Roman festivals were usually tied to the annual cycle of agricultural events and Saturnalia is no exception. It celebrates the god Saturn and coincides with the period of the year, around the Winter Solstice, used to sow the new crops. Saturn is often associated with both agriculture and the passage of time and is traditionally depicted as carrying a sickle or scythe, so his festival marks the death of the old year and the birth of the new. He is derived from the Greek god Cronus, god of Time, and continues to the present day in the form of Father Time.

Saturnalia would begin officially on December 17 when a public sacrifice would be held in the Temple of Saturn in the Roman Forum. The god’s statue would have the wool bindings removed from its feet for the ceremony before the priest offered a sacrifice. He would do this with his head uncovered, which was very unusual but is consistent with Greek ritual and is only one of the many contradictions that the Saturnalia shows. After the sacrifice, the statue was carried out into the forum and draped with a red cloak before taking part in various processions and public banquets. At the end of the day, the statue would be returned to its sanctuary and have its feet rebound until the next year.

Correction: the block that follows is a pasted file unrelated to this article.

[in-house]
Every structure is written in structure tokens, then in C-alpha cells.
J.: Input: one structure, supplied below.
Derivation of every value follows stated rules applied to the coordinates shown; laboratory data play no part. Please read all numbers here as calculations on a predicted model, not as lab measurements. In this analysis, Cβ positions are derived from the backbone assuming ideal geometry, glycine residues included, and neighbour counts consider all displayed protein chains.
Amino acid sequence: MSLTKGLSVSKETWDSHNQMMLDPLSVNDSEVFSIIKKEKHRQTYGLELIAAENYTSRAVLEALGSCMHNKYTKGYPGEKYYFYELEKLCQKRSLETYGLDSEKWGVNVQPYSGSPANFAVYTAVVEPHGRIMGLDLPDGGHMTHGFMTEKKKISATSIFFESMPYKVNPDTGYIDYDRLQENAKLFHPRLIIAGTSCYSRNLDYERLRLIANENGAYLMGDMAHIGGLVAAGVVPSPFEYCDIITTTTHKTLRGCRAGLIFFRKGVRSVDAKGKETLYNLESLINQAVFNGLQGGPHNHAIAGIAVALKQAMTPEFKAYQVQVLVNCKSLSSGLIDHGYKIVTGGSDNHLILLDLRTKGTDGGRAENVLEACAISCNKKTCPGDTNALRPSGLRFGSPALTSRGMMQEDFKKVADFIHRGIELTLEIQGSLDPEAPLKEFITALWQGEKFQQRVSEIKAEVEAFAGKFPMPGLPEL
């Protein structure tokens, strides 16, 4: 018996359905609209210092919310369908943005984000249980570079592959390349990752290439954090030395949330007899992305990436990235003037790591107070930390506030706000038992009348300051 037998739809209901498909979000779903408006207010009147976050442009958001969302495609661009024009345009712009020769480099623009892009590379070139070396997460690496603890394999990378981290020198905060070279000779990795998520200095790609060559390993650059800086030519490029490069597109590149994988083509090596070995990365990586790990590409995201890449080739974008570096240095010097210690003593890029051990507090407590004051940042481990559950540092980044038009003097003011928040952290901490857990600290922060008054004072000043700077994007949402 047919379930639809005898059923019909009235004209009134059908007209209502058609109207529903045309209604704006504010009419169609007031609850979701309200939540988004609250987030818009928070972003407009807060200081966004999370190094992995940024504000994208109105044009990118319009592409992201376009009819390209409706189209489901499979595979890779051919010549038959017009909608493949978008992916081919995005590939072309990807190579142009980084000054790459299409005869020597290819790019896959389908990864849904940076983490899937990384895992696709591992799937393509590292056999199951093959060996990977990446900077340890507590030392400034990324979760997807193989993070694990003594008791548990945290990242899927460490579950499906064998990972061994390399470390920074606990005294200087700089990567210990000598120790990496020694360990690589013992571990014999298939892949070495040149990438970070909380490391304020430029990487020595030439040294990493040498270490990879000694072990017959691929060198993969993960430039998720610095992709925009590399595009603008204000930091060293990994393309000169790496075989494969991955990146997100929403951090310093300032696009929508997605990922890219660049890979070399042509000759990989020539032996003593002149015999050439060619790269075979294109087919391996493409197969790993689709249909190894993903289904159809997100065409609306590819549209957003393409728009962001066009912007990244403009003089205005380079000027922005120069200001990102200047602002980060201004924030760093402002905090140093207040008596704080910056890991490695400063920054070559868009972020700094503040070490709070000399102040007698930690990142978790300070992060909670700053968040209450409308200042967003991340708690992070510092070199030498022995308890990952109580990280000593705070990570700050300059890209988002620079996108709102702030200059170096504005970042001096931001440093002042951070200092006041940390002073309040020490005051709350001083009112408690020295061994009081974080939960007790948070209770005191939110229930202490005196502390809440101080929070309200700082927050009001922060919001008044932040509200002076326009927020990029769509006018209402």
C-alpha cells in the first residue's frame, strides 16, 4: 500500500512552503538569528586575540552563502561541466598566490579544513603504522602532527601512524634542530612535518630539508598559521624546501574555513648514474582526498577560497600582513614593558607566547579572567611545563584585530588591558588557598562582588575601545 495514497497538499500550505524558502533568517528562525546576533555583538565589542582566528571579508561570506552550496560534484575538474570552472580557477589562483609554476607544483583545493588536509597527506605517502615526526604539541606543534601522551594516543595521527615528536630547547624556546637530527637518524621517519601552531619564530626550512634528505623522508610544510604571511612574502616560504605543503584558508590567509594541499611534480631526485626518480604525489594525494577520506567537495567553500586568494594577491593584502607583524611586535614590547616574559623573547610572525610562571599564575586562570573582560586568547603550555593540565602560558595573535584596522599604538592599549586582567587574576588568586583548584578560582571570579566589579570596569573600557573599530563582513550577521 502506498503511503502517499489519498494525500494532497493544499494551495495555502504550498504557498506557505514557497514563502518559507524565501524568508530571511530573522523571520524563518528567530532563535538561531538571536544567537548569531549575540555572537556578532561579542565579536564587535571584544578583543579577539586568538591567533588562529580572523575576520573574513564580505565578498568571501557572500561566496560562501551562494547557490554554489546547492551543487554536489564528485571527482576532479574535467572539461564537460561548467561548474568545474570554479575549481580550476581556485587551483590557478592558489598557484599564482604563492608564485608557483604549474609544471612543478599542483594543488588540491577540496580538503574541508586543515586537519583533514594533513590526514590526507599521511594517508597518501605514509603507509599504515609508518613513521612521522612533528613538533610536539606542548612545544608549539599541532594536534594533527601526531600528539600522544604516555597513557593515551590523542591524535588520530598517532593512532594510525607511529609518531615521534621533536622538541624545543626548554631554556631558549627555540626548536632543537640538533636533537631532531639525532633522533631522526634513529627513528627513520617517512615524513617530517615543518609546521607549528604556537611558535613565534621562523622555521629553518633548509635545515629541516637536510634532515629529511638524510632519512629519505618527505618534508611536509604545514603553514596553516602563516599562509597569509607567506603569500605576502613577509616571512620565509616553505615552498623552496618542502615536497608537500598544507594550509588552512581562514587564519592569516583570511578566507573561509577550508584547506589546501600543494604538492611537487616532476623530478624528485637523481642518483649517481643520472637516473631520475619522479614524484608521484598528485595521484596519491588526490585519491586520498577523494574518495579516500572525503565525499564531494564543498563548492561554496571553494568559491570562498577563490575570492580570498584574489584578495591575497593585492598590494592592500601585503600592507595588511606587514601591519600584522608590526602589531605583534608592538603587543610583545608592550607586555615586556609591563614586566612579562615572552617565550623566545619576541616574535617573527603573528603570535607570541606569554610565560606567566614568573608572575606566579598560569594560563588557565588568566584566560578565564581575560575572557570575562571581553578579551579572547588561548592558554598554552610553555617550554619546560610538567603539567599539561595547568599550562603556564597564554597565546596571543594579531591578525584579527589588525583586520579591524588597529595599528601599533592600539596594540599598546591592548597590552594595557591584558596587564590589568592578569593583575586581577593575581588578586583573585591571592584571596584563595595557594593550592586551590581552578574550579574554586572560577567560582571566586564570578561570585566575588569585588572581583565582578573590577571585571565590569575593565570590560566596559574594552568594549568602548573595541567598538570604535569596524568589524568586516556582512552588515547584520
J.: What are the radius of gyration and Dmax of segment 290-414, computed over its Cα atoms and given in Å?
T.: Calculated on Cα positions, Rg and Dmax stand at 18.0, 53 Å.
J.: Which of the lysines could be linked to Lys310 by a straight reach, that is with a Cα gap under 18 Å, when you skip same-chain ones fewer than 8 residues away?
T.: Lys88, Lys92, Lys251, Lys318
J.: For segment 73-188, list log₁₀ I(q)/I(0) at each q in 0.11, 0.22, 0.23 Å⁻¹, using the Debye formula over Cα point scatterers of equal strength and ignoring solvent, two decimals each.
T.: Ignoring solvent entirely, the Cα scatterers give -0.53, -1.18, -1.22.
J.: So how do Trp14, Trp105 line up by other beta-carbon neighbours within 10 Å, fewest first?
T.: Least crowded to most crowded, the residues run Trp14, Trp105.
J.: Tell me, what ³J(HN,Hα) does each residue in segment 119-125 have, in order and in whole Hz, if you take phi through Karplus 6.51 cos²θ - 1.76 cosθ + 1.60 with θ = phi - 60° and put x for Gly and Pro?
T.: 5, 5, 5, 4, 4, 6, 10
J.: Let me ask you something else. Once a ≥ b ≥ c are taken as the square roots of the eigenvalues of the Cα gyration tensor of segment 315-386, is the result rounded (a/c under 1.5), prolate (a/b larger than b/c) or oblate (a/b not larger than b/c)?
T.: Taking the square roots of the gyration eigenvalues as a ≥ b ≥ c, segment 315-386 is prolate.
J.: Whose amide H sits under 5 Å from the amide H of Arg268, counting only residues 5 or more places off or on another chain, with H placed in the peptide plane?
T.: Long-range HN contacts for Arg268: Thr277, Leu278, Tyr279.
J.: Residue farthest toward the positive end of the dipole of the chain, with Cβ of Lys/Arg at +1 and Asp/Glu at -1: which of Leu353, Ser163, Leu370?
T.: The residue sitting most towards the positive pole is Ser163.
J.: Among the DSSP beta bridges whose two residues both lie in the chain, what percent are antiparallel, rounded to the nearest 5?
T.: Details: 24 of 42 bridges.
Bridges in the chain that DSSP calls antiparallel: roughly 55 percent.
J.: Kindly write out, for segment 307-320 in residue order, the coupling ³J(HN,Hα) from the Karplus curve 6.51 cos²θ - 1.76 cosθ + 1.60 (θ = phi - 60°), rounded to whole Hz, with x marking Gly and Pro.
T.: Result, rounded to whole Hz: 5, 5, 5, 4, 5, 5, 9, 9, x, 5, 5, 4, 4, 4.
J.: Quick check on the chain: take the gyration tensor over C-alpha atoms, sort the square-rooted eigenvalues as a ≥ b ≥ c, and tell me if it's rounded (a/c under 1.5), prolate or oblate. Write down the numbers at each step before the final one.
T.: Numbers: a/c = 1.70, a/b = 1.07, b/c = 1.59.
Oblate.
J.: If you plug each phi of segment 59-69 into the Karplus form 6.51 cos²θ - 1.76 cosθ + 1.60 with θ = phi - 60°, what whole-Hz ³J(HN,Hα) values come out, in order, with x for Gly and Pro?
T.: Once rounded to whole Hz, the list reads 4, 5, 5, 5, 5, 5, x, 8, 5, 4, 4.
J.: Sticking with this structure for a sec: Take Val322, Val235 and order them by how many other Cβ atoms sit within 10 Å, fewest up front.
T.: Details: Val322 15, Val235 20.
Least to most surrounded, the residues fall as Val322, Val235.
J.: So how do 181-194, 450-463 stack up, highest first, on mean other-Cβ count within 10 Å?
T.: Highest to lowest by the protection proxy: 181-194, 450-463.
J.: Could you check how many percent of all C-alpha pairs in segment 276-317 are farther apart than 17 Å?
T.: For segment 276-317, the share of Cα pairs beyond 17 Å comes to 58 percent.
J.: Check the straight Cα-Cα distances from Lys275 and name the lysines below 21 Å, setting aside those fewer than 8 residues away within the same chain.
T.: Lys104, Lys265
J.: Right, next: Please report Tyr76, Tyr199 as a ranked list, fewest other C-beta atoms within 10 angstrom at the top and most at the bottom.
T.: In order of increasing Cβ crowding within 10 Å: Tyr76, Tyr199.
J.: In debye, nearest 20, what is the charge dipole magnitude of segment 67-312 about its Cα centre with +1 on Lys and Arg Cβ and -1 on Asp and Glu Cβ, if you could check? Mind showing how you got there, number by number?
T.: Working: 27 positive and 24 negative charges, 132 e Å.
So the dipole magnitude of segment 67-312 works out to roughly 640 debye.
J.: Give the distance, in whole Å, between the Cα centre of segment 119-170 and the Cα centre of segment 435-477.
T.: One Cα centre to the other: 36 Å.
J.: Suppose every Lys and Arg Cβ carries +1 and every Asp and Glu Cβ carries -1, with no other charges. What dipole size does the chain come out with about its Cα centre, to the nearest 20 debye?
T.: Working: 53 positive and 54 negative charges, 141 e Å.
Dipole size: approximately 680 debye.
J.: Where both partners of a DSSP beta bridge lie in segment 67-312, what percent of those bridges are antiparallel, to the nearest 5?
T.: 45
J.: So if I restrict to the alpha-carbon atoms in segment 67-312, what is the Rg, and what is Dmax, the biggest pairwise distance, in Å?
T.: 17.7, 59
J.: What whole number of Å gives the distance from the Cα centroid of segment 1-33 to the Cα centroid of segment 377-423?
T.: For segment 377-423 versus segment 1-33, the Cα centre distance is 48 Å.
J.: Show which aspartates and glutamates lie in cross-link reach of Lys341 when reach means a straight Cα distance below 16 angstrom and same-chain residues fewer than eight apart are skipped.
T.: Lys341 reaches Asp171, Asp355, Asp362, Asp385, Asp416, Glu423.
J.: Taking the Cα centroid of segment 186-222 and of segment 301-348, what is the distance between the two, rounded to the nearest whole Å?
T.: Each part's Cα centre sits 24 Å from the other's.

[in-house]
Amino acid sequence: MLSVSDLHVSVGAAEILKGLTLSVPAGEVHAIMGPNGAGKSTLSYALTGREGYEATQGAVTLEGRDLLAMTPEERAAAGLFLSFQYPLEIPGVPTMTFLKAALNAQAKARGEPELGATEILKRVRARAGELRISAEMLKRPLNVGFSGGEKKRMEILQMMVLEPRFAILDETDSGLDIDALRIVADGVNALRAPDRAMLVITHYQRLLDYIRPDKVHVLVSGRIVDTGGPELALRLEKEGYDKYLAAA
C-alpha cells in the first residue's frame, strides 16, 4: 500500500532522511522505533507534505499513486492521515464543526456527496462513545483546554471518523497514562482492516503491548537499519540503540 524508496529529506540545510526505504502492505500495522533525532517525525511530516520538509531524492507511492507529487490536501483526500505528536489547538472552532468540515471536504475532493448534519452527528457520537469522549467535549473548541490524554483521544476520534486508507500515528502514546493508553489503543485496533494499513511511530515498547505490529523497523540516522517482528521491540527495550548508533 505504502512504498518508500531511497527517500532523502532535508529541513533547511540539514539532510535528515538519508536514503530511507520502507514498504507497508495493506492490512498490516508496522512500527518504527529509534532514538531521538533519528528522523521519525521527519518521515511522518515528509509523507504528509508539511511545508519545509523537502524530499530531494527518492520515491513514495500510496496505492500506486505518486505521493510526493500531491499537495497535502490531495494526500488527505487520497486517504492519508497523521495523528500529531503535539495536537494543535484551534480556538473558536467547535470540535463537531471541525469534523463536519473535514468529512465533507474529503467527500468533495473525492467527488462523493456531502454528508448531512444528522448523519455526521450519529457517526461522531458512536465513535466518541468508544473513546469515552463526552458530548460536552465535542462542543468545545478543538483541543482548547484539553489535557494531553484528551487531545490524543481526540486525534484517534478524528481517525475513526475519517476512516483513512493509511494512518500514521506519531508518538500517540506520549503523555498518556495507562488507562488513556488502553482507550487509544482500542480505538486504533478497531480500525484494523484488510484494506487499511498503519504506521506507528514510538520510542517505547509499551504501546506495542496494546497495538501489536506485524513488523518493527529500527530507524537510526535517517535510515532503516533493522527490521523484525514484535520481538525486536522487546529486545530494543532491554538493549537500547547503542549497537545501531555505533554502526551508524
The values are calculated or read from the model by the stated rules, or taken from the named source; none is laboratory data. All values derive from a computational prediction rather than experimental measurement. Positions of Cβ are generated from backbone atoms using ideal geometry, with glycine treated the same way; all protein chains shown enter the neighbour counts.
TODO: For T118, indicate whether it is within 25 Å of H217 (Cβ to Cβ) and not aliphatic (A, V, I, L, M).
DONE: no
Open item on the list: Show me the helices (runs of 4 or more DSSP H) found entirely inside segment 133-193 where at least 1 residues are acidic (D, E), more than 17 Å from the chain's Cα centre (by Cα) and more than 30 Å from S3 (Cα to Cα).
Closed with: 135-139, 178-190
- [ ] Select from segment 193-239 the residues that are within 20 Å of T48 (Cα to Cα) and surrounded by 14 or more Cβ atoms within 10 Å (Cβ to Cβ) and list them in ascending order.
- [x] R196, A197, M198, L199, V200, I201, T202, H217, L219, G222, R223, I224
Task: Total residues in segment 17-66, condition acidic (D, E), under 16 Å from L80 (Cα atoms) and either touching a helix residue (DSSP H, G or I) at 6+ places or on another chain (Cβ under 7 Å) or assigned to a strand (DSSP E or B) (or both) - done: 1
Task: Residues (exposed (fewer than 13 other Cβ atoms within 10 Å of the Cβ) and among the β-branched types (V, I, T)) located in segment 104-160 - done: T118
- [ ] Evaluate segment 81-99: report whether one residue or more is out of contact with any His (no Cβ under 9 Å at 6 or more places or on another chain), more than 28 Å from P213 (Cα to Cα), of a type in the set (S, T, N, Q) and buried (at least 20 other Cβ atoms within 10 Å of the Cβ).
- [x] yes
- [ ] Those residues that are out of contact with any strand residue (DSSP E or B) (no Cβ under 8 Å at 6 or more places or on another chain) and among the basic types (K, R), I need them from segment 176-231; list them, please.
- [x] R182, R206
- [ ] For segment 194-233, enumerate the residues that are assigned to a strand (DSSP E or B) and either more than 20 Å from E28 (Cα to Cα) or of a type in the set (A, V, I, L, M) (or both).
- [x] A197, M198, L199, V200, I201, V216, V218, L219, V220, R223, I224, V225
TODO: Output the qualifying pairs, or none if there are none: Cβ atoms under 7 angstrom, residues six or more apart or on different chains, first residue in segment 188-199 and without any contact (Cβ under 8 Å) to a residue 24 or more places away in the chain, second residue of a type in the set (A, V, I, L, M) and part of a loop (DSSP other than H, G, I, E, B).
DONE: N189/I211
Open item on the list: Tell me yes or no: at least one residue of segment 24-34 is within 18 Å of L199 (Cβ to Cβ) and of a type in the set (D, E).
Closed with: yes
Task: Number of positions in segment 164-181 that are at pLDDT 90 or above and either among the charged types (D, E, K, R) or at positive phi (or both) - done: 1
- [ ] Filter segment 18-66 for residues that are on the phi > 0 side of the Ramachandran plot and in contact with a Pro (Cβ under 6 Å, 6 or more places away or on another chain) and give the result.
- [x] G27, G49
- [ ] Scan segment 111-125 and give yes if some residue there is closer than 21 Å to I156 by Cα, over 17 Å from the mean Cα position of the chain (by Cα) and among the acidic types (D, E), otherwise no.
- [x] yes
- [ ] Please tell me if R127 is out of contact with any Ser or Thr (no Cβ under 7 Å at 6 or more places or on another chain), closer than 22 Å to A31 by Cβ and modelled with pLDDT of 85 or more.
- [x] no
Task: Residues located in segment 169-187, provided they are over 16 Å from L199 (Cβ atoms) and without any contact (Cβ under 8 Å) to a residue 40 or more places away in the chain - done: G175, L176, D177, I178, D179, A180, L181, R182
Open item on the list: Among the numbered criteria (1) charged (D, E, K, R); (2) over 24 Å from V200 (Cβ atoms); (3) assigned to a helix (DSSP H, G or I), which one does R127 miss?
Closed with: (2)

Further festivals continued in private residences for two more days in the time of Julius Caesar, but later the reveling continued for a total of seven days. This was not universally appreciated as it made some grow weary of the endless festivities and rowdy populace. Seneca complains that it now feels as if December lasts for the whole year (Seneca, Letters 18.1). As Christmas seems to begin earlier and earlier each year, I can understand his sentiments exactly!

Dice players from a wall in Pompeii
The closure of businesses, schools and courts were no doubt a welcome relief to many, but this did allow the people a free reign to behave as badly as they desired. The social distinctions between citizens and slaves were forgotten and even women were allowed to mix with their male family members. As part of this tradition, many people wore disguises or masks and the slaves would be served by their masters for at least one feast. Gambling was allowed rather than prohibited and dice games were especially popular, but the main activities were eating and drinking to excess. Whilst such debauchery was wildly popular, not everyone felt the need to over-indulge, and Pliny writes of his preference for withdrawing to his rooms so that he can get some peace and quiet whilst everyone else has a good time (Pliny, Letters 2.17.24).